If so, what would be the point of a referendum? The Friends’ attorneys argued that when the Development Agreement was terminated by Measure W, all development approvals were auto-nullified — just as the City wrote in other ordinances they approved (No. 2011-32 and 2011-33, Condition 26).

Chevron-PCH’s attorney stuck to the lower court’s reasoning — the Development Agreement was never effective due to Measure W, so it can’t be terminated and that Measure W was a single-issue referendum. Fullerton voters were just trying to strike a better deal than the City for the development of West Coyote Hills. This case is not about the people’s referendum right he said.

 The City’s attorney argued that the Development Agreement was an exchange of public benefits for the City and private benefit for Chevron-PCH (vested right to develop West Coyote Hills). They would never allow the development to proceed without this guarantee, so after Measure W, it re-codified the terms of the Development Agreement in the VTTM (which is not subject to a referendum).

In a final remark, the Friends’ attorney pointed to recent cases where the California Supreme Court upheld the people’s right to referendum over city policy making that interfered with that right.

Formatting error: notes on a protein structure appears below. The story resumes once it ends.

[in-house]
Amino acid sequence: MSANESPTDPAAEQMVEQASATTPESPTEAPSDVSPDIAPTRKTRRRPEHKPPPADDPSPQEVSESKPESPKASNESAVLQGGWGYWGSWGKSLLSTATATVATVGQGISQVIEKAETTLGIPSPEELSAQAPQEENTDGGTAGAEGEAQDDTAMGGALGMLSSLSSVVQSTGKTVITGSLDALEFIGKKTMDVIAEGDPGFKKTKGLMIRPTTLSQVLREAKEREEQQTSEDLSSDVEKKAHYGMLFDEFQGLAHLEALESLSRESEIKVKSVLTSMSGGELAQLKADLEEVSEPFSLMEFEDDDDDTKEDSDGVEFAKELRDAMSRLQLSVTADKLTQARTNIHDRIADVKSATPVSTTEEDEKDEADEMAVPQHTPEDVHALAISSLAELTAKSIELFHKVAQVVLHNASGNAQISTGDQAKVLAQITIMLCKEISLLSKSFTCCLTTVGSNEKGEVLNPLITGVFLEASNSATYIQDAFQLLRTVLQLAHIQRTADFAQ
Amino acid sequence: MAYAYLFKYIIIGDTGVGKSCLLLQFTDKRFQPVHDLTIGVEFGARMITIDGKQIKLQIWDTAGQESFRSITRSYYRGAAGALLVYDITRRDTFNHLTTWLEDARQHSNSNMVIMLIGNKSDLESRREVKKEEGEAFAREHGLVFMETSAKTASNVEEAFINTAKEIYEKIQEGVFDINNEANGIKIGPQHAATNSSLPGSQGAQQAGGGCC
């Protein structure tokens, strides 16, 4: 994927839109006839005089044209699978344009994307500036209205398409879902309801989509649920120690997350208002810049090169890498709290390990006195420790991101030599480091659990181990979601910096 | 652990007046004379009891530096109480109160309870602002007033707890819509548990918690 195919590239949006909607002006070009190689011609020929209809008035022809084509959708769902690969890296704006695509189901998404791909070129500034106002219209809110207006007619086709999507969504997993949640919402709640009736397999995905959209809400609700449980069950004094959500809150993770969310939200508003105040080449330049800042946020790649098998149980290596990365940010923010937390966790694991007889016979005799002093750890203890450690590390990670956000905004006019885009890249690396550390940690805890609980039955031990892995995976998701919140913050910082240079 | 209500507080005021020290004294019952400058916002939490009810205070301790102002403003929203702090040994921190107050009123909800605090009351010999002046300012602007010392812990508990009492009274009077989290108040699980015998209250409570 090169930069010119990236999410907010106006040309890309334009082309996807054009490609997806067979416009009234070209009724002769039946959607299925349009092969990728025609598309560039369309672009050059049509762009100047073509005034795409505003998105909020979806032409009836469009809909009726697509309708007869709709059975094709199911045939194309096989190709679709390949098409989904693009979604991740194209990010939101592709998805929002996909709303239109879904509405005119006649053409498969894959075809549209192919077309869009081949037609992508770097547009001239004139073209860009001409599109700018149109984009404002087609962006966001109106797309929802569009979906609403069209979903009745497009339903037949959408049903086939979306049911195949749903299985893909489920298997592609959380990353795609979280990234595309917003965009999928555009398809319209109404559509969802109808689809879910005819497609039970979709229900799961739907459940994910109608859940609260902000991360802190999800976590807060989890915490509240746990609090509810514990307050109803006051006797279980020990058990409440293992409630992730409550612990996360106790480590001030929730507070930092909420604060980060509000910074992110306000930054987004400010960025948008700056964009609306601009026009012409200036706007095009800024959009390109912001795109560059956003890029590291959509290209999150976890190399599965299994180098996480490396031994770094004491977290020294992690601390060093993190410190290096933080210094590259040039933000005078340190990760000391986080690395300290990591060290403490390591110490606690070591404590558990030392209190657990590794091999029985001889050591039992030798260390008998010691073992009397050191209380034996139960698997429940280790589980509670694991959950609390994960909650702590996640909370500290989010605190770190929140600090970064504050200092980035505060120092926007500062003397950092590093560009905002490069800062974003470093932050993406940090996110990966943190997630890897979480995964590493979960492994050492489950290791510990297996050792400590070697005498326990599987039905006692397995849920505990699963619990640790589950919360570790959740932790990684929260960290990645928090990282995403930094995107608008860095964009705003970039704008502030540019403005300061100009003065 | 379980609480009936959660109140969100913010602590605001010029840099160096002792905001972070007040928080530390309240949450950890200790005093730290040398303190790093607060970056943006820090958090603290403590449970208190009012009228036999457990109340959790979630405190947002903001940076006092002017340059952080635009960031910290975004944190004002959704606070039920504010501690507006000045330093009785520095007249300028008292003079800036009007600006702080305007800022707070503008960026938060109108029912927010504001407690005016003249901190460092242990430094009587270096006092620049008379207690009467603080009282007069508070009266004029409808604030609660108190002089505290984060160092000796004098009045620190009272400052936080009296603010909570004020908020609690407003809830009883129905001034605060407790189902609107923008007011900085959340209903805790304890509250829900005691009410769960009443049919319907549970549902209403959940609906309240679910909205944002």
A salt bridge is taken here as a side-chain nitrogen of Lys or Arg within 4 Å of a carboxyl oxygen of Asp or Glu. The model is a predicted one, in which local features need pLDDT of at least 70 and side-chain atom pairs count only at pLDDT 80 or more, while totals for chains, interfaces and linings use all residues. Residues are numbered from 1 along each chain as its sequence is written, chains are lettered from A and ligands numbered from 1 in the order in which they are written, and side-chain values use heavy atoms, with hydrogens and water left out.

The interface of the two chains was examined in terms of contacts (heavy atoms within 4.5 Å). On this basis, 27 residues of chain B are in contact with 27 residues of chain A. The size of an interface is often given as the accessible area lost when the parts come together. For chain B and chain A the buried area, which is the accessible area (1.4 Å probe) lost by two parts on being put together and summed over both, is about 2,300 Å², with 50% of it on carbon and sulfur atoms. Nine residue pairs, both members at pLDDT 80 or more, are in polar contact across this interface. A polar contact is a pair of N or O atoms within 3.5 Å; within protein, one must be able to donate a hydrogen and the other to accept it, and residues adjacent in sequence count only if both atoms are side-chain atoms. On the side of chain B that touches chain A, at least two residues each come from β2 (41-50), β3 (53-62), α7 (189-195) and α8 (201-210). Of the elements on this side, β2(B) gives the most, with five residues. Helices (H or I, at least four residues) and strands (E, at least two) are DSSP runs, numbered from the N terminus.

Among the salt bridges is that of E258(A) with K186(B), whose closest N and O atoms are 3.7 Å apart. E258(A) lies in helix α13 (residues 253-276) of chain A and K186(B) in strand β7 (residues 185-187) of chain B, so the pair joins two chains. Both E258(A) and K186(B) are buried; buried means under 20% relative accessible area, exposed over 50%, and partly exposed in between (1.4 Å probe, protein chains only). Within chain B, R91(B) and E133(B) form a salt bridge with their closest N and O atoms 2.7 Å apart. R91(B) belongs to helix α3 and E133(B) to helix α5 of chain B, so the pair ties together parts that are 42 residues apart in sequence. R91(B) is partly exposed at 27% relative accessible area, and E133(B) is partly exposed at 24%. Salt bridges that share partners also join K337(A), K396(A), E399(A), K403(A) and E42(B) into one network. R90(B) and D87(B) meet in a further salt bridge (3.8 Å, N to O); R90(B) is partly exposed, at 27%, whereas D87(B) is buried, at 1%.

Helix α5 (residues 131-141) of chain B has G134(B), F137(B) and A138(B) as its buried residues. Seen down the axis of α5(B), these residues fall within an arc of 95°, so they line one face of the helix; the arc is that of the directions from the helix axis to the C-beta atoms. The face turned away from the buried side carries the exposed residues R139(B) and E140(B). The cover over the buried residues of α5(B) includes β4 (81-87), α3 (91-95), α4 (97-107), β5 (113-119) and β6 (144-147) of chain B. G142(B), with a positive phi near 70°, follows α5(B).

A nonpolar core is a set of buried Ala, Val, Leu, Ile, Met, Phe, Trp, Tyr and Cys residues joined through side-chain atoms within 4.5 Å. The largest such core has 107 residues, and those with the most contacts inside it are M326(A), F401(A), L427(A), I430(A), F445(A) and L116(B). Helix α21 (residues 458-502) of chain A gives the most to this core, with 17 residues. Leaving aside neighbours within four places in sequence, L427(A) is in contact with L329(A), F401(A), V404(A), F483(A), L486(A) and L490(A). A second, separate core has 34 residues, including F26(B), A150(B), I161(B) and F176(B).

“It’s a complex case,” concluded Judge Bedsworth. 

The judges have up to 90 days from the September 20th hearing to publish a ver- dict which will be determined by agreement of at least 2 of the three judges. 

For updates on this and other Coyote Hills issues visit http://www.coyotehills.org 

Sept 17 2018 Letter to Council v2

Letter to the Fullerton City Council from Fullerton’s Library Board of Trustees

Matthew Leslie

Tonight at an emergency meeting at Fullerton’s Main Library, the Library Board of Trustees adopted a strong statement against a proposal that members of the Fullerton City Council appoint themselves as Trustees of the Library instead of members of the public. The proposed change is to be considered at the regular meeting of the Fullerton City Council on Tuesday, September 18, 6:30 p.m. at City Hall.

Unilaterally suggested by Council Member Jennifer Fitzgerald during a May 1 meeting, the proposal has met with nearly universal condemnation, prompting the obvious question of why Ms. Fitzgerald would risk such political damage on something so high profile with so little seeming chance of success. Two other votes would be necessary to pass the item, and even Mayor Doug Chaffee, who frequently votes with Jennifer Fitzgerald, seems doubtful about that happening. In a Voice of OC story today he is quoted as saying:

‘“I’m unaware of any one of us wanting to take it over,” Chaffee said. “I don’t see support for it.”’

Like Jennifer Fitzgerald, however, Doug Chaffee favors selling off the Hunt Branch Library, and is quoted in the same article in reference to its possible sale:

‘Chaffee said, should the city sell the Hunt building, some of the money would go back to the library system. “It is city property for the council to decide on, without the library board,” Chaffee said.,’ revealing that our current mayor thinks it is perfectly fine to take property gifted as a branch of the Fullerton Public Library, sell it, and keep at least some of the money to use for whatever purposes the City Council decided would be appropriate.